The School welcomes the leaders of Nā Wāhine Pā‘ani o Punahou and Punahou O-Men Athletic Club. Volunteers are vital to a thriving community, and Punahou is grateful for these leaders and the many individuals who provide their time, expertise and resources to these key organizations.
Pā‘ani’s mission is to support athletic participation throughout all grade levels and to enhance the girls athletic programs.
President Kellie James ’01 Schmidtke
Nā Wāhine Pā‘ani o Punahou has celebrated many milestones since its inception in 1985 – not the least of which is bringing a $100,000 gift to fruition in October. The funds will be used to enhance the outdoor playing area by the Lily Pond in the Sidney and Minnie Kosasa Community for Grades 2 – 5. “We’re delighted and honored to announce we have met our goal thanks to the support of the Punahou community,” says Pā‘ani President Kellie James ’01 Schmidtke. “Creating opportunities and spaces for physical movement is one of our central tenets.”
Fulfilling this pledge is particularly meaningful for Schmidtke because much of the fundraising took place during the pandemic – and it is a testament to the organization’s determination and perseverance. In recognition of the gift, Punahou will dedicate the new walkway in front of the Lily Pond as the Pā‘ani Pathway. “We all have fond memories of the area,” she notes. “It’s not only a central artery of campus gently hugging the rim of the pond, but it is a gathering place for athletics teams, students, families and alumni.”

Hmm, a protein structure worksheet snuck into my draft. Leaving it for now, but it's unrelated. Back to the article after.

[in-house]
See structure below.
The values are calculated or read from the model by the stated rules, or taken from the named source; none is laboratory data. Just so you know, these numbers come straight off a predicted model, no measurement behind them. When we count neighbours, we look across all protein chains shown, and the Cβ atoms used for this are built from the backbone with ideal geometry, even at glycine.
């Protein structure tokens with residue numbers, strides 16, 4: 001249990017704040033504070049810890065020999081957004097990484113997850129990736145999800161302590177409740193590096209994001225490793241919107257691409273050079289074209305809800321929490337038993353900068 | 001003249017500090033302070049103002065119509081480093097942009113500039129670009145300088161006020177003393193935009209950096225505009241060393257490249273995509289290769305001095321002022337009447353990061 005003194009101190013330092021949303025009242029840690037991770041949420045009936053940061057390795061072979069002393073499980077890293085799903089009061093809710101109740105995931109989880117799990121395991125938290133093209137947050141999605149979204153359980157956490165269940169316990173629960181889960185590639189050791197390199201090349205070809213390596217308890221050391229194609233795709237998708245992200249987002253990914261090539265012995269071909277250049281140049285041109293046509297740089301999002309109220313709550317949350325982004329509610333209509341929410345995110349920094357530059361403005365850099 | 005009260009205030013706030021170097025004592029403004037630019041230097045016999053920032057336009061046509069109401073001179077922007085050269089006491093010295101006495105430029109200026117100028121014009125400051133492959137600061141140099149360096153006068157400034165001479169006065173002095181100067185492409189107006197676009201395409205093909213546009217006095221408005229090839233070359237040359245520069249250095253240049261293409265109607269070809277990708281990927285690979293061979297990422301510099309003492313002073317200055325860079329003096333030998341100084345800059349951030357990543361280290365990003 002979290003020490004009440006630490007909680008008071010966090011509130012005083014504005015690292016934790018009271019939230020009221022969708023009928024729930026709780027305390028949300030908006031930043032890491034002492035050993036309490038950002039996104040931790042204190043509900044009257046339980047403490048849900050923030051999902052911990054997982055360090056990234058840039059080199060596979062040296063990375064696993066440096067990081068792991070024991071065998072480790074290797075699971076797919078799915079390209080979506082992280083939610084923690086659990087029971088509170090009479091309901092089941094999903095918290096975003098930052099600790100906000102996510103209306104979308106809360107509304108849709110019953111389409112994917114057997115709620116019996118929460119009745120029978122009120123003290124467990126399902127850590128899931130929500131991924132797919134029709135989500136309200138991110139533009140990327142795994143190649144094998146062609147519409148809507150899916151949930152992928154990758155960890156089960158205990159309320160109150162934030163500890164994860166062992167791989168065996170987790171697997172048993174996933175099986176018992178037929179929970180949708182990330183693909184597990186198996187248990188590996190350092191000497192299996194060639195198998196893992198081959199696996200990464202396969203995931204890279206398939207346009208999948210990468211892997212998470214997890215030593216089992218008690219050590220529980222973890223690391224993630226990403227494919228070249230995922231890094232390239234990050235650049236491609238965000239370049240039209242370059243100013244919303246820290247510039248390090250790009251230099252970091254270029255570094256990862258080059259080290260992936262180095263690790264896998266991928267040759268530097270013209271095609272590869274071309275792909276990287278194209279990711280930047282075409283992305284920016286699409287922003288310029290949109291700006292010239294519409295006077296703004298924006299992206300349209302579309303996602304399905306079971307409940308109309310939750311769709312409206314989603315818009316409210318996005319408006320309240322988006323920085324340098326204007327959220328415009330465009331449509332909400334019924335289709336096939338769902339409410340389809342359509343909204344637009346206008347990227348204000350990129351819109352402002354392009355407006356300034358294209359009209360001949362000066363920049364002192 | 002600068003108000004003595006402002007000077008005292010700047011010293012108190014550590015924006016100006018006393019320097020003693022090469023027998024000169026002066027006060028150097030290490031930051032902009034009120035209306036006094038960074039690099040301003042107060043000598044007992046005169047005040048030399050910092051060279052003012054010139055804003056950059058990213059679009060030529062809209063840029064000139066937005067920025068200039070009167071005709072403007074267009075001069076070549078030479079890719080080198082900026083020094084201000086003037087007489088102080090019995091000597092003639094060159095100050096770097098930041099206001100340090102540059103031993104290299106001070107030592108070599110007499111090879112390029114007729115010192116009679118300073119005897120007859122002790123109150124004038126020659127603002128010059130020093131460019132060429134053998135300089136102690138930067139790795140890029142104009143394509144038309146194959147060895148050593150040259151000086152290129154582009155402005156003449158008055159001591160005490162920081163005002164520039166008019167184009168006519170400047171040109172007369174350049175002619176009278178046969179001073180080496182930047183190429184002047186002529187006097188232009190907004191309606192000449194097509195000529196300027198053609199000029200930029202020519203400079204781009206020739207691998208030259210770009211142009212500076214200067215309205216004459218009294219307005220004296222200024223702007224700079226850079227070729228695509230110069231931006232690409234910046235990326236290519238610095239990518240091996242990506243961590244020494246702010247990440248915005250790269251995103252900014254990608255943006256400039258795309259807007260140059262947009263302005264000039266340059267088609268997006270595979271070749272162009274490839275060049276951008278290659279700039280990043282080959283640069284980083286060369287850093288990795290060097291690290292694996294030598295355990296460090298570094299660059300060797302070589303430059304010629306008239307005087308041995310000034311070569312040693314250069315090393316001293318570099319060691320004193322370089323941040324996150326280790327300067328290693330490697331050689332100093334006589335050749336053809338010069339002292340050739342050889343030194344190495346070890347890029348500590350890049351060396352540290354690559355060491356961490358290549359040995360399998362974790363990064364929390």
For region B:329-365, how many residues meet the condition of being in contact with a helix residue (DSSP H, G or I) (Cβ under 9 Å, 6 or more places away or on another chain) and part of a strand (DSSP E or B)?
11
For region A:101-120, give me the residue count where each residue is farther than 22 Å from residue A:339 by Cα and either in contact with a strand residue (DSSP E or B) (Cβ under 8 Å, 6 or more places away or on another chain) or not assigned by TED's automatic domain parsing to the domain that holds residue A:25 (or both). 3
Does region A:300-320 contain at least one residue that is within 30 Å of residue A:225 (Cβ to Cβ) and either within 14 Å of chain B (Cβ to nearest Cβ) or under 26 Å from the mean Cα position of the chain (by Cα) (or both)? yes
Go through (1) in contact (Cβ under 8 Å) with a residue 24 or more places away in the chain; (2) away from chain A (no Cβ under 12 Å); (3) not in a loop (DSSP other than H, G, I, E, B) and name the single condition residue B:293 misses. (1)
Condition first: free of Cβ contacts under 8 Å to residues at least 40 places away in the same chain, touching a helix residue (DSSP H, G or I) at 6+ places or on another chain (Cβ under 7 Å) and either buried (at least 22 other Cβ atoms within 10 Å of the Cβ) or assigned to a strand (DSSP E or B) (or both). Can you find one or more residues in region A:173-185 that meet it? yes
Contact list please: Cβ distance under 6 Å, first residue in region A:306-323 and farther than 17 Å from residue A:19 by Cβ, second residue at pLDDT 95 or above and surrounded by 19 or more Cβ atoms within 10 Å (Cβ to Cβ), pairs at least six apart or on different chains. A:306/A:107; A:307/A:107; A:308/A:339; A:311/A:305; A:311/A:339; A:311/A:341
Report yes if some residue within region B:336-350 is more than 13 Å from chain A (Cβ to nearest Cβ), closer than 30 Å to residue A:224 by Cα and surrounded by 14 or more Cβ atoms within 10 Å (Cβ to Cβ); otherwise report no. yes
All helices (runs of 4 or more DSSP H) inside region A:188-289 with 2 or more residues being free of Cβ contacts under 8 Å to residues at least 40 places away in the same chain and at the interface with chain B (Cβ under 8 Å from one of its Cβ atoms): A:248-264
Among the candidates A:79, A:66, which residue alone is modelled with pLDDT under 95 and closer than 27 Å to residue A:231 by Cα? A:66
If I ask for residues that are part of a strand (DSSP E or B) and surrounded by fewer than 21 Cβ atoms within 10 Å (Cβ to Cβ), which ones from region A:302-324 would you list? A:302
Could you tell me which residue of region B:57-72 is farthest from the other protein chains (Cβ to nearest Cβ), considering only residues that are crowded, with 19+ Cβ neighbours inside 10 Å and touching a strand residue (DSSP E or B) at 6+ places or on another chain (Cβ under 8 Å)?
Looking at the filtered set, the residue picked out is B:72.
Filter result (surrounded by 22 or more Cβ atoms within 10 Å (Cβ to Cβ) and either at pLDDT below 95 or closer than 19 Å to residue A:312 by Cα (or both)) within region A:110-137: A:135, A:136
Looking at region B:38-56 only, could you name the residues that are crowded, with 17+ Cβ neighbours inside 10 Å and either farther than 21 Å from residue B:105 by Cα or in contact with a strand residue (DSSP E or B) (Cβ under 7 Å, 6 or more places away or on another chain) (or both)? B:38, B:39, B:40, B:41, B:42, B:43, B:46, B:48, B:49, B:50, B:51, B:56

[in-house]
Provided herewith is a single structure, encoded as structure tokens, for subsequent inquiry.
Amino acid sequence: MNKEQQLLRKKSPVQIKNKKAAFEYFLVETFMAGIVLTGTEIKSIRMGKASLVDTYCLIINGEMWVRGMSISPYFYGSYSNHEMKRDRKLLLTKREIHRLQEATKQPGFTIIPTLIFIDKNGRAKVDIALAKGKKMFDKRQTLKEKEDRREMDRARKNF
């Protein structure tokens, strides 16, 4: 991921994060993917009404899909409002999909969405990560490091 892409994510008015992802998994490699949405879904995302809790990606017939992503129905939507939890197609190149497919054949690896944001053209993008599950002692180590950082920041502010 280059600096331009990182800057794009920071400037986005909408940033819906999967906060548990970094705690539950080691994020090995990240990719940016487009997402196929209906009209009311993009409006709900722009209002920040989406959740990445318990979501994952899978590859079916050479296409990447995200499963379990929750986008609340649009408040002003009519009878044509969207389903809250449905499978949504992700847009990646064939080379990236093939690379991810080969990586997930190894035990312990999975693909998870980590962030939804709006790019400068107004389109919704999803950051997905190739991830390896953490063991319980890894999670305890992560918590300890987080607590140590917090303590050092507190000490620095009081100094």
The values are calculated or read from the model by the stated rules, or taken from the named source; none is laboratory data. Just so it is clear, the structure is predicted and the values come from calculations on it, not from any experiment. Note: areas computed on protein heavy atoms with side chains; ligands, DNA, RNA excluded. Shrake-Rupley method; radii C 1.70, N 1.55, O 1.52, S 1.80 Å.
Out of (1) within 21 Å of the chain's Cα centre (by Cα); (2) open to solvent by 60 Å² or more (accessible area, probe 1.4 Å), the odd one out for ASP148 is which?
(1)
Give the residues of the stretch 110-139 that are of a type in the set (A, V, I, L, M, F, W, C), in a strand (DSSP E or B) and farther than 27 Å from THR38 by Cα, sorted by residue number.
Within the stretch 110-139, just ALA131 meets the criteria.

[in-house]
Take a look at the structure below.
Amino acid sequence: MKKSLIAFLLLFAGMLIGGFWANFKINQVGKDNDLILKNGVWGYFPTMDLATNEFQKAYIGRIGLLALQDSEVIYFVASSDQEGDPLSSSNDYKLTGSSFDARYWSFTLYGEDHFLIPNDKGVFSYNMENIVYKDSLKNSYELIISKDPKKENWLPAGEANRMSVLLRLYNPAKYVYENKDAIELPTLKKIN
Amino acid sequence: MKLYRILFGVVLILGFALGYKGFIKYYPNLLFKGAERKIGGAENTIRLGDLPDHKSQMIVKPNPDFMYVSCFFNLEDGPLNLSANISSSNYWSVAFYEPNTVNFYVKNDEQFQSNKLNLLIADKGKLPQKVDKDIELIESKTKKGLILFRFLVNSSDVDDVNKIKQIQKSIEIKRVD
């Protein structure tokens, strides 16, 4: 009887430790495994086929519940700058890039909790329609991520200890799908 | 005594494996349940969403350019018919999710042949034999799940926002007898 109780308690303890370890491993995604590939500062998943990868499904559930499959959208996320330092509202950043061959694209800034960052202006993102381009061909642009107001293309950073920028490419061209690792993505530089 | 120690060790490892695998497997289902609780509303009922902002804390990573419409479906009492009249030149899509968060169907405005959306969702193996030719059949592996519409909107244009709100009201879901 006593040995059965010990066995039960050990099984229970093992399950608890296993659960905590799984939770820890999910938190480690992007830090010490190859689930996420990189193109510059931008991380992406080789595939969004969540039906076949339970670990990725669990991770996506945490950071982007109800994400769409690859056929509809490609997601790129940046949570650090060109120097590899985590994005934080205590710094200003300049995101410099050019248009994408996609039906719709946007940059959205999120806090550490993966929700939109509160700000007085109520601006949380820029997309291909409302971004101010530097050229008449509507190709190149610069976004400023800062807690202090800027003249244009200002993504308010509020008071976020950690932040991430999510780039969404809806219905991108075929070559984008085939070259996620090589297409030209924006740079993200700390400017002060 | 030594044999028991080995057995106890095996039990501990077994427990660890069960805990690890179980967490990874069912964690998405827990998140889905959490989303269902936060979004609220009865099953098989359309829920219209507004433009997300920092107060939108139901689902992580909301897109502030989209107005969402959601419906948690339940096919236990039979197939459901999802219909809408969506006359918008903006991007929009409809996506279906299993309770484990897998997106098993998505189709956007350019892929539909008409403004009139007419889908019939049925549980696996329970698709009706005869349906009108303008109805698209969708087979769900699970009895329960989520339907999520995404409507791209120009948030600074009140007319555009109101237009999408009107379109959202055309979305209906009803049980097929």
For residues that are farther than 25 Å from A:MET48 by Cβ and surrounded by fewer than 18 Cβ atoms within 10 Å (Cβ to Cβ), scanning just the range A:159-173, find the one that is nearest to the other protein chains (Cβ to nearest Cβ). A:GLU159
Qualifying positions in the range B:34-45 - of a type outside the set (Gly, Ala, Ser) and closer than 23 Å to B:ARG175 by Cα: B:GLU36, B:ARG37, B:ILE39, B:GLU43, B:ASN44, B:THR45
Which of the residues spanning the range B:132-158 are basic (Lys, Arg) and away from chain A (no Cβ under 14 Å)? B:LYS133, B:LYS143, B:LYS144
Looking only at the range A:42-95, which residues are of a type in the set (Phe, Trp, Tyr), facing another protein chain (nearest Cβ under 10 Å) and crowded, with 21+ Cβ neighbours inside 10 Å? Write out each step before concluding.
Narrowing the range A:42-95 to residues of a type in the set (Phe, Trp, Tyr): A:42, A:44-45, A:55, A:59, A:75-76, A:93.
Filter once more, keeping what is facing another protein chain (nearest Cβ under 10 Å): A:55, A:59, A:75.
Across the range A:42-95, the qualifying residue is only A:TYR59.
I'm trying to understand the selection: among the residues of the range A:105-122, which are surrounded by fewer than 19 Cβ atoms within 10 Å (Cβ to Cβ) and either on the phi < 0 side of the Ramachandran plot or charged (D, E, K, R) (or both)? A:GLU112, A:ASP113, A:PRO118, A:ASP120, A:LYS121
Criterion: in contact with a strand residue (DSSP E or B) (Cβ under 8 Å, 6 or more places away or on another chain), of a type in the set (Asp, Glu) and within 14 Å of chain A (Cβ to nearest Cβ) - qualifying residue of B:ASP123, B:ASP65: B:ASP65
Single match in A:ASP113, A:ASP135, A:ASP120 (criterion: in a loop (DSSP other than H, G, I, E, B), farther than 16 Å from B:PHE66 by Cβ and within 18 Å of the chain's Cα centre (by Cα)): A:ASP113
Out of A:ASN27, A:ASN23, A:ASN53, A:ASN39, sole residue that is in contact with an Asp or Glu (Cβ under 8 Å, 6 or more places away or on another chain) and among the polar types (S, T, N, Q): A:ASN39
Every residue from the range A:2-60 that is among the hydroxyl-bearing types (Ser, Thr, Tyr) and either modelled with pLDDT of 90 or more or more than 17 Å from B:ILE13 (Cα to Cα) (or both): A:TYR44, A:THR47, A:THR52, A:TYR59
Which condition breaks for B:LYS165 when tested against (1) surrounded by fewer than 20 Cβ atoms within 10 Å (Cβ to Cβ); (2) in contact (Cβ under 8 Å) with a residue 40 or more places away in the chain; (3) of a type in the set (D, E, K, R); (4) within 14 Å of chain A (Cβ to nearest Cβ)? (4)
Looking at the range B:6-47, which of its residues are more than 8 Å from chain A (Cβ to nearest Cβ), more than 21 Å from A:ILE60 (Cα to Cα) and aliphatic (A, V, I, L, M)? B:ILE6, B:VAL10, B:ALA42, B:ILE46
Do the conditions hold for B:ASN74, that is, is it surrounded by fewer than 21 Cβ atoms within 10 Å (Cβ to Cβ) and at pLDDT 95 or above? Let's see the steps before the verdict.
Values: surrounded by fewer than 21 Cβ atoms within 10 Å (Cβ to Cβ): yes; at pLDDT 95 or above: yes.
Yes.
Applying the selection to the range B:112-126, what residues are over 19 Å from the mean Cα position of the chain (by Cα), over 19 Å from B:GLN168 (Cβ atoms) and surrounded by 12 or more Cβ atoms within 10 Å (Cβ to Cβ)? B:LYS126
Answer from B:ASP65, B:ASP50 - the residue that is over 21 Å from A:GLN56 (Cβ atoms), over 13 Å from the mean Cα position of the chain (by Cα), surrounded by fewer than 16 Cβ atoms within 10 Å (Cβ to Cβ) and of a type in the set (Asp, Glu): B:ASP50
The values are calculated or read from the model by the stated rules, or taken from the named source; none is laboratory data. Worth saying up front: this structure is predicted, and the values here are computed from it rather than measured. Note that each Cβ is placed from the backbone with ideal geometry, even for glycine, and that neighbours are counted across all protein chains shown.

Schmidtke has been a fixture within Pā‘ani for almost two decades. “I first joined the board in 2006 and over the past 17 years, I’ve been lucky to meet many of the amazing founders of our organization who were trailblazers in the world of girls’ sports. I’m passionate about continuing their legacy and elevating female athletes’ experiences and opportunities now and always.”
During this time, there have been many memorable moments for Schmidtke. “I’m most proud of the scholarships we award each year to female athletes with our endowment, the more than $55,000 in grants we’ve awarded over the past 5 years to teams and outdoor programs,” she says. “And I also get to work with so many wonderful people who also support our mission each year.”
Going forward, Schmidtke envisions boosting membership growth and fundraising through the Pā‘ani ALOHA Collection collaborations. Most importantly, she hopes to pay it forward by fulfilling as many grant requests as possible so that students can reap the rewards that Athletics has to offer – and which she has enjoyed firsthand. “I’ve always been an avid tennis player but after coming to Punahou in 7th Grade, I had the opportunity to try so many new sports such as soccer, track and field, volleyball and paddling,” she says. “These taught me valuable lessons, helped me make lifelong friends, and made me a well-rounded athlete which only enhanced my 4-year varsity tennis journey.”
Nā Wāhine Pā‘ani o Punahou has a lifetime membership of more than 100 women, plus dozens of additional annual members. Known for its annual flower sale at the Punahou Carnival, Pā‘ani dedicates thousands of dollars each year to sponsoring student athletic tournaments and activities along with an endowed financial aid fund.
Schmidtke, who has built her career around supporting Hawai‘i’s youth and communities, is currently director of Major Gifts and Planned Giving at Catholic Charities Hawai‘i. She holds bachelor degrees in Organizational Sociology and Asian/Pacific Islander American Studies at the University of Michigan and a master’s in business administration from the University of Hawai‘i. Schmidtke and her husband, Scott Schmidtke ’01, have two young sons, Sullivan and Parker, who have a love of many sports such as wrestling, basketball, tennis, soccer, swimming, gymnastics and golf.